You have stars in your eyes and your heart is skipping beats every time you see him. But when it comes to relationships, there are certain things that you just cannot get away from. Like them or not.
Maltreated by your partner? Have you gone for help and read lots of books? The truth is that you cannot control or cause someone else’s behaviour and changing yourself will not make them change. You might as well drink water when your partner is thirsty. If the problem doesn’t lie with you, then neither does the solution.
Is love blind? Love might be blind, but when you get married your vision improves. If no-one likes your partner, are all of them in the wrong? Getting married to someone who is universally disliked is usually the first step towards a very isolated and lonely life. Ignore all of them now and pay later, very dearly.
Always a giver and never a taker. This is the short road to compassion fatigue. Give to yourself and receive from others, otherwise you will get to a point where you have nothing left to give. And hey, if you cannot receive from others, how can you expect them to receive from you?
Let me do this for you. What do you get out of doing things regularly for other people, which they should be doing for themselves? Be honest, now. Don’t you feel deep down that they owe you big? That they must heed your advice? Rather let others be and focus on your own life, says Robin Norwood in her book ‘Women who love too much’.
It ain’t over till it’s over. End relationships that no longer work for you, as you could be spending time in a dead end. Do a 180-degree turn and head for more meaningful things. You could be missing opportunities while you’re stuck in a meaningless rut, trying to breathe life into something that is long gone.
Men are different. Your husband cannot turn into your best girlfriend, no matter how hard you try. Men are different (haven’t you noticed?) and we get different things from them. Trying to change him to be more like your friend Betty will only result in disgruntled lack of co-operation. Learn to live with it, girlfriend.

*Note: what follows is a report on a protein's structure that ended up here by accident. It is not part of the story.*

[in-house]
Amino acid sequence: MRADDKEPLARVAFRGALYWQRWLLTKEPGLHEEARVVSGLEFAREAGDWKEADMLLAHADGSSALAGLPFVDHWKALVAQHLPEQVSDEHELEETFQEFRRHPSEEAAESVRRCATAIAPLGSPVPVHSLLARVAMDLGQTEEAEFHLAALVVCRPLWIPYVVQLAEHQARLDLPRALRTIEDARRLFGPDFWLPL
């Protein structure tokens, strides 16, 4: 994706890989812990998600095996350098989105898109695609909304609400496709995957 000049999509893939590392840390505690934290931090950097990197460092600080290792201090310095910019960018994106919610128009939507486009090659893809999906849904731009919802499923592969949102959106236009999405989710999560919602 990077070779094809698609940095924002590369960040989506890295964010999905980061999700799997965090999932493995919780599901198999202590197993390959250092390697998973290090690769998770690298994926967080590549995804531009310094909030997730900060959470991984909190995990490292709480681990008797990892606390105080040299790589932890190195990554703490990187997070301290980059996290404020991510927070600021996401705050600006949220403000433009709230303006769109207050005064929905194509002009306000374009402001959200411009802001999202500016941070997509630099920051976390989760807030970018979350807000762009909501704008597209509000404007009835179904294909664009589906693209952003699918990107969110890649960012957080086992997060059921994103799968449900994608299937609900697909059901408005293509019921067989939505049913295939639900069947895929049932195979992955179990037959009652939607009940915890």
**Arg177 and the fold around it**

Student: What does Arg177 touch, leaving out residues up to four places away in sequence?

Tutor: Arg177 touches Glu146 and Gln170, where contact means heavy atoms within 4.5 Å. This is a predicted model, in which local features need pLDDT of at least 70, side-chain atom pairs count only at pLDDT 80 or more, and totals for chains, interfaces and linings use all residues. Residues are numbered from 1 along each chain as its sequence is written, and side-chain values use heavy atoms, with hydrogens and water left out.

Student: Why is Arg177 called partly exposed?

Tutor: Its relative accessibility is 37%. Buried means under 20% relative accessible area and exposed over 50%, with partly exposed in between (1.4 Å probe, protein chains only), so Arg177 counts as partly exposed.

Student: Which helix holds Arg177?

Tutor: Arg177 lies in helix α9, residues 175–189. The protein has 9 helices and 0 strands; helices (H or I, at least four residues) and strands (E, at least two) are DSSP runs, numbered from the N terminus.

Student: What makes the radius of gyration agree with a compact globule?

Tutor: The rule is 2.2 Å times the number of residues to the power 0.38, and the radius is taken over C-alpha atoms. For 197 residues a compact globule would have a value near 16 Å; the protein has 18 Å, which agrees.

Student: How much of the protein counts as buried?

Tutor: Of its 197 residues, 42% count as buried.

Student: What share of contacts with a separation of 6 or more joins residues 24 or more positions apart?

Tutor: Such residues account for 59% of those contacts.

Relationships are hard work. Blood, sweat, toil and tears – what all worthwhile relationships require. The ones that keep you going really are worth lots of time and energy. These provide you with a shelter from the storm and the worth of this cannot be measured. As Shakespeare said, “The path of true love never did run smooth”.
Babies change lives. Anyone who says they won’t allow the new baby to change their lifestyle hasn’t had one. You try camping in the rain with a howling infant. Your relationship will also change, so be prepared.
Guilt trips. “If you loved me, you would…” Anyone who says this to you does not love you, but sees you merely in terms of what you could mean to them. It is not hate that is the opposite of love, but guilt. Deep down they don’t think they really deserve your love, so they try and wrench it out of you through manipulation. Giving in to this will only encourage them to continue along this road.
Strong people go for help. Gnashing your teeth in the dark will not get you extra brownie points. It is a sign of strength to ask for assistance and people will respect you for it. If there is a relationship problem, the one who refuses to go for help is usually the one with whom the problem lies to begin with.
Money matters. Love and marriage is not all about money, but it is marginally important. If you are slaving away in two jobs to keep someone going whose idea of work is to find the remote control for the TV, you’re in for a hard time. If your ideas on spending and budgeting are also very different, it could spell trouble for the future.
Love vs. addiction. Someone will not stop drinking or drugging because you love them, in the same way a TB sufferer will not stop coughing because you want them to. You cannot force someone to change – leave this to the professionals, unless you feel like setting yourself up for a fall.
(Susan Erasmus, Health24, updated July 2012)